Investors Challenge Dow Chemical Management on the Worst Chemical Disaster in History
Press release from: Amnesty International USA
(CSRwire) (Midland, MI)- Shareholders of Dow Chemical (NYSE: DOW) will challenge CEO Andrew Liveris and the company’s top management at its annual meeting of stockholders on Thursday, May 11, 2006 to take new initiatives regarding the 1984 Bhopal chemical disaster. Twenty two years after the disaster, current developments related to it threaten Dow’s reputation and business in India. A shareholder resolution on the agenda for this year’s annual meeting asserts that it would be respectful of human rights, and also a good business decision, for Dow to undertake new initiatives to address the needs of survivors.
Dow Chemical shareholders have filed a resolution requesting the company produce a report on new initiatives instituted by management to address health, environmental and social concerns of the Bhopal, India survivors. The shareholders who filed the resolution representing 4.5 million shares total (current value: $186 million), including the New York City Fire Department (NYCFD) Pension Fund, New York State Common Retirement Fund (NYSCRF), Boston Common Asset Management, Amnesty International USA (AIUSA), Dominican Sisters: Grand Rapids, Sisters of Holy Cross and Sisters of Mercy Regional Community of Detroit Charitable Trust.
"Boston Common Asset Management has been pushing Dow Chemical for more than three years to address the clean up and medical concerns of the Bhopal survivors and Dow has still not stepped up to the plate while the risks to the company’s reputation and to its ability to do business in India may be increasing," said Lauren Compere Director of Shareholder Advocacy.
"The Bhopal tragedy is still taking an awful toll on the people of India. The longer Dow Chemical fails to address the lingering human issues related to the Bhopal tragedy, the greater the potential negative impact to its long-term profitability. As a fiduciary, I am concerned that if Dow does not put this problem to rest, it could hurt the company's current and future business relationships in India's huge and rapidly expanding market and around the world," said New York State Comptroller Alan G. Hevesi, sole trustee of the New York State Common Retirement Fund.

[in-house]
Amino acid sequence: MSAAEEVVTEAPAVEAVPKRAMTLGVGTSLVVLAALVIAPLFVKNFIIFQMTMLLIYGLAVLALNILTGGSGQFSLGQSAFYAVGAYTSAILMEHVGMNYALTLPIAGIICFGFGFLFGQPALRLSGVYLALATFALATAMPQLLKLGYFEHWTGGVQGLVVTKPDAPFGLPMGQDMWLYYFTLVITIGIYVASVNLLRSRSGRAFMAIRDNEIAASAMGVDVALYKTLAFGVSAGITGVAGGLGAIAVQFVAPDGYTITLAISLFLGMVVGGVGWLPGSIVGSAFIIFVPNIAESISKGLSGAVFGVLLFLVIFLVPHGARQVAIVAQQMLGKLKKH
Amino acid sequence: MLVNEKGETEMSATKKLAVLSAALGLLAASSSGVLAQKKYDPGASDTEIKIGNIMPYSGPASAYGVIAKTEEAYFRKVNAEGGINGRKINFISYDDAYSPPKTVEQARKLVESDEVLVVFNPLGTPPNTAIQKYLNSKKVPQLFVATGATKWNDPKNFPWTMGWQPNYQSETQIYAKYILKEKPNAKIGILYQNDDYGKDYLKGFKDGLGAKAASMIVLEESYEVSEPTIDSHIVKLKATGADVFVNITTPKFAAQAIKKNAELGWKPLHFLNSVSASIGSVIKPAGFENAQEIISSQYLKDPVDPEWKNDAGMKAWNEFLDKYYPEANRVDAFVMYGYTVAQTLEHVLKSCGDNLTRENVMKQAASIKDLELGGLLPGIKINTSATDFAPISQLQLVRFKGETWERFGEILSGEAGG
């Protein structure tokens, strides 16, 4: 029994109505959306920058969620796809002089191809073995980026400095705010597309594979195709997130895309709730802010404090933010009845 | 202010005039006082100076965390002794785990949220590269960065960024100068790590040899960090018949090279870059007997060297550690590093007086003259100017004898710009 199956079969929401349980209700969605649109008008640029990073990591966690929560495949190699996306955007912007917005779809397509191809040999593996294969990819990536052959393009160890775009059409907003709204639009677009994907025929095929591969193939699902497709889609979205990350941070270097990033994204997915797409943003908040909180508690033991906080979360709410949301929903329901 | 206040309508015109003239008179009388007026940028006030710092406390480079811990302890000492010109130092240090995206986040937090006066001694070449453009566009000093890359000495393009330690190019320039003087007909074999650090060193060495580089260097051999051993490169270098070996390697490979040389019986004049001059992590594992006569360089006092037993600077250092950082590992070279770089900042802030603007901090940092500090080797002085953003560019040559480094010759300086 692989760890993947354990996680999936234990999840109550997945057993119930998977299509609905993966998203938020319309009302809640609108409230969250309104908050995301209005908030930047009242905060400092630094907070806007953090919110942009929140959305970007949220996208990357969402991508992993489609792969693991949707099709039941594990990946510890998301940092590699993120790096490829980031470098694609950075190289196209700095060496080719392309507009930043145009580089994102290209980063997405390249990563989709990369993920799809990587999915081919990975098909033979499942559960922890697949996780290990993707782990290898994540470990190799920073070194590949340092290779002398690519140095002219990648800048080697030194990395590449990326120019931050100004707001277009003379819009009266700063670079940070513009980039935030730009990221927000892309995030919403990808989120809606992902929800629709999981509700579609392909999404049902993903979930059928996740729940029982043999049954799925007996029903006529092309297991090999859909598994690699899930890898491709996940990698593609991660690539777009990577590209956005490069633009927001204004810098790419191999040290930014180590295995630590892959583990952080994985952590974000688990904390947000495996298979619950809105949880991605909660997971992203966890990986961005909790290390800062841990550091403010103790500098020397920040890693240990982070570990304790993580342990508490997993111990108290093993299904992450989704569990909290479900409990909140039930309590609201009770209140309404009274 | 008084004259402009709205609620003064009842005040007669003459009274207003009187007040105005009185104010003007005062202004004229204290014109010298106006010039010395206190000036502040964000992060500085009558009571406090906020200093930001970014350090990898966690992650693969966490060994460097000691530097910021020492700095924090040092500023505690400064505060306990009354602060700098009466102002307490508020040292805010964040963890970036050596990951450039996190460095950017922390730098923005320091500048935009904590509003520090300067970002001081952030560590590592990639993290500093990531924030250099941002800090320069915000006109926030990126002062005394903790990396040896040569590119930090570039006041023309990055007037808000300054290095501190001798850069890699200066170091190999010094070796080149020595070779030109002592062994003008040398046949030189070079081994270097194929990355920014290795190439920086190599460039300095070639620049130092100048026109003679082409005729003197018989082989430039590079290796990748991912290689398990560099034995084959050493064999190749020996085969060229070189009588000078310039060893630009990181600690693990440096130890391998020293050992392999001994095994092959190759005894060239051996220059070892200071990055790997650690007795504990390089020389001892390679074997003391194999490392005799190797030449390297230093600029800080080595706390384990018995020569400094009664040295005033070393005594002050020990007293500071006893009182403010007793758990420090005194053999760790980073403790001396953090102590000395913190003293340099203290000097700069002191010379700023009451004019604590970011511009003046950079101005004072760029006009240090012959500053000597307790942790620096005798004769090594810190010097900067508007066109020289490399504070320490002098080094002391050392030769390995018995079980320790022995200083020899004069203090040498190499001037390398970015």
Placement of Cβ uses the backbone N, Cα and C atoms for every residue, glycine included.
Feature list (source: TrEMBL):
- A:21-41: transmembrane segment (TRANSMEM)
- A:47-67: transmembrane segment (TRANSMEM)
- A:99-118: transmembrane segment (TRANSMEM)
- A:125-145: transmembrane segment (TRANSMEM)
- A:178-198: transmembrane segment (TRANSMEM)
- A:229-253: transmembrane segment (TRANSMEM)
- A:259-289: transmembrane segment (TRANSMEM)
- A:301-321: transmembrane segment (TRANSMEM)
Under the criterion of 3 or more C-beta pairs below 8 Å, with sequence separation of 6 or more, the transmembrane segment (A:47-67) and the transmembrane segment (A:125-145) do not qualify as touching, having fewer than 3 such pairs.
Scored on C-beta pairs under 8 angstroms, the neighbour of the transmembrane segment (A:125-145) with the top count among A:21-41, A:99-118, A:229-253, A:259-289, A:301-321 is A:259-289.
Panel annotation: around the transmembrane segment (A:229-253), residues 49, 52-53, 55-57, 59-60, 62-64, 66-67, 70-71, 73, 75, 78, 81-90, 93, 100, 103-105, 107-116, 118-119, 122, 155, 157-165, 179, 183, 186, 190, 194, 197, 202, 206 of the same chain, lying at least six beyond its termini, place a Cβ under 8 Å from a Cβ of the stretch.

On the night of December 2nd, 1984, 27 tons of poisonous gas including methyl isocyanate leaked from a storage tank at a Union Carbide pesticide plant in Bhopal, India, and took the lives of more than 7,000 people within a matter of days — the worst chemical disaster in history. Union Carbide is now a wholly owned subsidiary of Dow Chemical. Today the exposure to toxins has resulted in additional deaths of 15,000 people as well as chronic illness for over 100,000 more. Contamination of soil and groundwater at the surrounding facility continues to this day. Survivors of the disaster are working to pressure Dow Chemical to address the remaining social and environmental issues in Bhopal, and have built alliances with student and environmental activists worldwide to pressure Dow to cooperate.
Neil Sardana, a representative from AIUSA's Corporate Action Network, who will present the Bhopal resolution at the annual meeting said, "Dow has an obligation to address the ongoing environmental and human rights impacts of the UCC disaster; we will not rest until this happens."
As shareholders meet in Midland, Michigan at the Dow Center to cast a final vote on Bhopal resolution on the 2006 Proxy Ballot, shareholder proponents believe that if this issue remains unresolved it may undermine future growth of Dow Chemical business in Asia.
Recently as result of intensified pressure from a group of survivors of the Bhopal disaster and supporters, India’s Prime Minister agreed to demands to remedy the contamination and to provide water to the community, and also said he would explore whatever options existed within the law to hold UCC/Dow Chemical accountable.
Although the Indian government is overseeing the development of remedial plans, the future liabilities of Union Carbide and Dow Chemical remain unresolved.
New York City Comptroller William C. Thompson, Jr. said, "Given our long investment horizon, we believe that it is our fiduciary obligation to urge companies in which we invest to be responsible corporate citizens in the communities in which they operate. This approach is critical for ensuring the viability and sustainability of business in this rapidly growing global economy. Successful companies most likely will be the ones that incorporate sustainable use of environmental and social capital in their business decisions."
For more information please contact:
Deputy Press Secretary NYSCRF
AIUSA Business & Human Rights